TechMunch: Apple Music - Will It Succeed?

After the international success of music websites Pandora and Spotify, Apple has decided to step it up a notch and launch Apple Music, a music steaming platform fully integrated into iOS. This release uses Beats Music as a foundation, after Apple bought Beats for three billion dollars last year. The new service was announced at Apple’s Worldwide Developers Conference on 8th June this year and then launched on 30th June with the first three months being offered for free.

You may not remember but Beats Music was actually a huge failure, despite the celebrity coverage the service had gotten: is Apple Music destined to end up like this?

There’s a strong argument for both yes and no.

The problem with Apple is that they do nothing for free; which essentially means that while YouTube and Spotify remain – partially – free, the Apple service you have to pay for will have a hard time imposing itself in a strong market.

This won’t be helped by the fact that Apple has been very limited on advertising, leaving the media to do it’s job for them. This poses a problem when you are trying to reach a very broad audience: only the “documented” people know what this product is and what it offers.

Another problem remains: Spotify is much older than Apple Music, and even if individuals want to change over, the fact that they won’t be able to import their library will prevent some users from even trying.

However Apple Music is not all bad, it’s actually is extremely well integrated into iOS, making it an easy way for millions of i-device users to listen to music. With the new iOS update, this service is perfectly compatible with all Apple products, including iTunes, which means it is easy to transition from the venerable iTunes into the gleaming new Apple Music.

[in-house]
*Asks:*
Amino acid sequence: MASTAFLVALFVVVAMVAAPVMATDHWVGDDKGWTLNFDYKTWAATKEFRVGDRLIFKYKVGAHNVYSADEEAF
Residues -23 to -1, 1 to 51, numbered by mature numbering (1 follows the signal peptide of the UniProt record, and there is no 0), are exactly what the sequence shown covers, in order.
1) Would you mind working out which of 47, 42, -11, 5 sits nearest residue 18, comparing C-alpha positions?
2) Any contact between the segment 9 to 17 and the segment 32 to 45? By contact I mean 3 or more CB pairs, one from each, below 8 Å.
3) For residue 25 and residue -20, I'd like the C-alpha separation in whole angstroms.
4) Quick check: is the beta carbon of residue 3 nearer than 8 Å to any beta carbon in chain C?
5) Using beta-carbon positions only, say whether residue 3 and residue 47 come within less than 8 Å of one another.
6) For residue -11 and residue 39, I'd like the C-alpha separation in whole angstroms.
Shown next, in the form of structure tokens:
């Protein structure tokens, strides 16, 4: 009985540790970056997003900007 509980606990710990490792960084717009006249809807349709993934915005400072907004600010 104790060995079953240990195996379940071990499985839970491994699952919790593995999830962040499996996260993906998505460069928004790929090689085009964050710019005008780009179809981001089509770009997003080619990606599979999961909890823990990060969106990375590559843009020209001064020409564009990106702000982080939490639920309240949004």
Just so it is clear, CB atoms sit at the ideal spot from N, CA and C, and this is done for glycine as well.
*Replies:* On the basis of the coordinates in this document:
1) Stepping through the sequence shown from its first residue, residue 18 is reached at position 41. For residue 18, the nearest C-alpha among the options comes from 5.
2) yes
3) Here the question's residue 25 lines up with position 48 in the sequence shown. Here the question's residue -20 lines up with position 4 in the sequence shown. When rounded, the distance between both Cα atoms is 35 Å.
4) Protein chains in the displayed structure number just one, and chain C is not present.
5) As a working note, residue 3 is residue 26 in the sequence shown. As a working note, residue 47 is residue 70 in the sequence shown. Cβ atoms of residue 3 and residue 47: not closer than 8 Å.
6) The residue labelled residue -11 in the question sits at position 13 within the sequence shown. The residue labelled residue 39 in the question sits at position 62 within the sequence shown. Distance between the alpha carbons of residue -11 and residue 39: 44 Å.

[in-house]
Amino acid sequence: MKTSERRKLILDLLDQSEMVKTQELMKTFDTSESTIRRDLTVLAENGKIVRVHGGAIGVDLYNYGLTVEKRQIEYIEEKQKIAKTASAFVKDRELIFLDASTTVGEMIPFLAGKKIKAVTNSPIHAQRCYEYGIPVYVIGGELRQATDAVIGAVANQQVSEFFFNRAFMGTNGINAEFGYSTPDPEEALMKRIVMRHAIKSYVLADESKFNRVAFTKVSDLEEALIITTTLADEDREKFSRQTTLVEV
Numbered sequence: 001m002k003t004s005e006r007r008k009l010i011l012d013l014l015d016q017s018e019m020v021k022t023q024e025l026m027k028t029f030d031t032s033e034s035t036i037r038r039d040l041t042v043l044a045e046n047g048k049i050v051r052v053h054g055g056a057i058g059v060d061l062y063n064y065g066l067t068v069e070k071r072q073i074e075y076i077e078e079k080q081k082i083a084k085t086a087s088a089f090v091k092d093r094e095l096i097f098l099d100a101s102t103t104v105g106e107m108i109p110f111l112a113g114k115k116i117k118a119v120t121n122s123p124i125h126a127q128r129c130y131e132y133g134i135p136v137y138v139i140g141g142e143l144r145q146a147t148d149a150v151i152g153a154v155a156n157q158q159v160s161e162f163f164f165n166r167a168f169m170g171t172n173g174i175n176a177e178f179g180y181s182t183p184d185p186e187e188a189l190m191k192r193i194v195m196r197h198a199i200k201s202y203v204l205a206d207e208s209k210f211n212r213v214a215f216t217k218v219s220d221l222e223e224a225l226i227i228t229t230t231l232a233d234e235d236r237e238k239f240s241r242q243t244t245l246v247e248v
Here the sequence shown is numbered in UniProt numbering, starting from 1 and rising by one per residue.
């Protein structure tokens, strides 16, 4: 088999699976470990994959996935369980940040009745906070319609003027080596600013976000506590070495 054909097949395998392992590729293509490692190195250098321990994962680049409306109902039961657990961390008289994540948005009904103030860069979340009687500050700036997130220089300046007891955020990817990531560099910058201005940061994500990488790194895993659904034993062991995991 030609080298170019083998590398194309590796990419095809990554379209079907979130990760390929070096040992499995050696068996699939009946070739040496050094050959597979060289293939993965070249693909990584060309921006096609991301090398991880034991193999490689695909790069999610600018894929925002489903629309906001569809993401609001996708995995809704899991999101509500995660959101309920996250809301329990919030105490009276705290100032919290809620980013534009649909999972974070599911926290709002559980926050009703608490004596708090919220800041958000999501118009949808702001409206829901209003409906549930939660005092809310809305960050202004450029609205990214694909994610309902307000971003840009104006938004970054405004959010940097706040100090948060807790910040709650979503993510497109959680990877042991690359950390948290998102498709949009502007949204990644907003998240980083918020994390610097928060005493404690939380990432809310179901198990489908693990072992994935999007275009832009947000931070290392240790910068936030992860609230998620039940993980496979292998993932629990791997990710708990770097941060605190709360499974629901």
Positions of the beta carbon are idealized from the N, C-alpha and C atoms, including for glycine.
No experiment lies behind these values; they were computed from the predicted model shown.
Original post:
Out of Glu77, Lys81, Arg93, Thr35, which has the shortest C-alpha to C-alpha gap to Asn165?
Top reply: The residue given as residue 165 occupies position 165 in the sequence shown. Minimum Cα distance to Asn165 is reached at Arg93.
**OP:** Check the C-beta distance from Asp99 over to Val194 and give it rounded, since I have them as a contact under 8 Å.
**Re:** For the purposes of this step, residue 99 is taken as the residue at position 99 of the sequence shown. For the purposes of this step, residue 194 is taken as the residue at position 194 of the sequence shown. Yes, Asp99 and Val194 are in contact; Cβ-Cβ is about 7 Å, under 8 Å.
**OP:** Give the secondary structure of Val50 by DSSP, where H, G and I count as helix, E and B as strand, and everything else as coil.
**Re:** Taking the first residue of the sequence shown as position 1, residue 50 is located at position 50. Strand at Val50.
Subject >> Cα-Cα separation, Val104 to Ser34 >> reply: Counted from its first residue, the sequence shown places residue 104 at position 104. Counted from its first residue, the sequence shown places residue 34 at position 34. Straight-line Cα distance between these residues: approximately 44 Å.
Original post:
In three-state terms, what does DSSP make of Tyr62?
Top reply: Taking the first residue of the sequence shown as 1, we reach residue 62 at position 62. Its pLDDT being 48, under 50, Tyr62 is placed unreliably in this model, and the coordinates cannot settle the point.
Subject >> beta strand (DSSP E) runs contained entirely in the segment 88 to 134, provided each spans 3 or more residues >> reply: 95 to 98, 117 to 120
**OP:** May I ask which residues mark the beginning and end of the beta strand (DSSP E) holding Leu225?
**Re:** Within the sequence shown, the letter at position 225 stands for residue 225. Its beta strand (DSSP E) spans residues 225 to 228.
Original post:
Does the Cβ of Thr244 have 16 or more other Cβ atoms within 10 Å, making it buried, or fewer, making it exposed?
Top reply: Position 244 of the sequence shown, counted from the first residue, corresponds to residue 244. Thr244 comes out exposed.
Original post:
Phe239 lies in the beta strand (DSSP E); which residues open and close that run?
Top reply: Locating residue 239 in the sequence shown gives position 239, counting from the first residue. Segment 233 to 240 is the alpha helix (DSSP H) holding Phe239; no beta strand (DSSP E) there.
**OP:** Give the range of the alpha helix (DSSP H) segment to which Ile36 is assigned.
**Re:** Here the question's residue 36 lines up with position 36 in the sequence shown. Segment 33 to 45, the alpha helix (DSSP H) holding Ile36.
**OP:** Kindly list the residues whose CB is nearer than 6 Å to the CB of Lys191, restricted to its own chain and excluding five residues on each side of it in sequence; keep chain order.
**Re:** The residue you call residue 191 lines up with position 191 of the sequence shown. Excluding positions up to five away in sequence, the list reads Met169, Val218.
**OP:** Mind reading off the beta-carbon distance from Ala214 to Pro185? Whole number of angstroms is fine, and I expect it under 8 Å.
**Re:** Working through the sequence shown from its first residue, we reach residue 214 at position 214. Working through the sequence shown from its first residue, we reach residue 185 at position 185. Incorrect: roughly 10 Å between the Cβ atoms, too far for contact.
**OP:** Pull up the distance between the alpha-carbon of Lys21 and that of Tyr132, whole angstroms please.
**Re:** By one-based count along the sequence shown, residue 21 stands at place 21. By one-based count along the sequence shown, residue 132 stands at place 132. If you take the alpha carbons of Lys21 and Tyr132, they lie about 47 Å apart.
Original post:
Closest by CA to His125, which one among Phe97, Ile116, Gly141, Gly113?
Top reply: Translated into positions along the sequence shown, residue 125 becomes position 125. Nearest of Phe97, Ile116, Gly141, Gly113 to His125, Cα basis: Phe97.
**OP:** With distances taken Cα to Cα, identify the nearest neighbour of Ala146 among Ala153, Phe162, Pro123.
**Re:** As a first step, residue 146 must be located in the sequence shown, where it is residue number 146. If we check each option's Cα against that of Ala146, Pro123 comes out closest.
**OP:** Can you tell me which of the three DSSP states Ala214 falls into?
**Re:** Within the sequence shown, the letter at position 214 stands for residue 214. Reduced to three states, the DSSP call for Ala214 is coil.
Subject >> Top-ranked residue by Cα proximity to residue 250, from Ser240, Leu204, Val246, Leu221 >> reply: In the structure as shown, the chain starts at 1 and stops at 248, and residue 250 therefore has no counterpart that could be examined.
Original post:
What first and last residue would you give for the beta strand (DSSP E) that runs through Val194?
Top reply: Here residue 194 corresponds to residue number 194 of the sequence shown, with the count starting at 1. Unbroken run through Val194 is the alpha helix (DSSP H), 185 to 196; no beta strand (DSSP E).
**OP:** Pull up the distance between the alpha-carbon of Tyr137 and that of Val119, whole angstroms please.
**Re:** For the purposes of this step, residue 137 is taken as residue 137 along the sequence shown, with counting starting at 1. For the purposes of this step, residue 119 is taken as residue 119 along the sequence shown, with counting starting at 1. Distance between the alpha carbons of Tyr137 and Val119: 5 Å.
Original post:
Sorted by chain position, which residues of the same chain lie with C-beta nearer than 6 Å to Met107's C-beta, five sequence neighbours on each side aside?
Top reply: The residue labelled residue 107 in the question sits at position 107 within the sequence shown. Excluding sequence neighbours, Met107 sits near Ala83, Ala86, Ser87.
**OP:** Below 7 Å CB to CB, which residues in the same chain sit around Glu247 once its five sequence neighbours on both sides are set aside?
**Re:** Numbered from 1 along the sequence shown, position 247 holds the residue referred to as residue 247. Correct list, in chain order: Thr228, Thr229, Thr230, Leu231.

As usual, Apple has invested heavily in the aesthetics of the app, ensuring the user has a great experience provided by an intuitive design.

Even if the earnings from Apple Music fail to reach that of Spotify, it will be hard challenged to do worse than the flop offering of Zune from Microsoft. The service, first offered in 2006 was a combination of mp3 players and a new media player for Windows. Over the next couple years, what seemed to be a promising start ended up to be a huge failure. After going up as high as 9% of market shares at its launch (iPods were around 70% at that time) until dropping off at 2%. We truly hope Apple Music does not have the same ending.

All in all this makes for a fun product that might not be up for the challenges that Spotify of Pandora offer: but only time can tell. Will this be the next Zune or will Apple once again show us that they are inevitably the number one on yet another domain.

Theophile Roques, Intern, Technology Team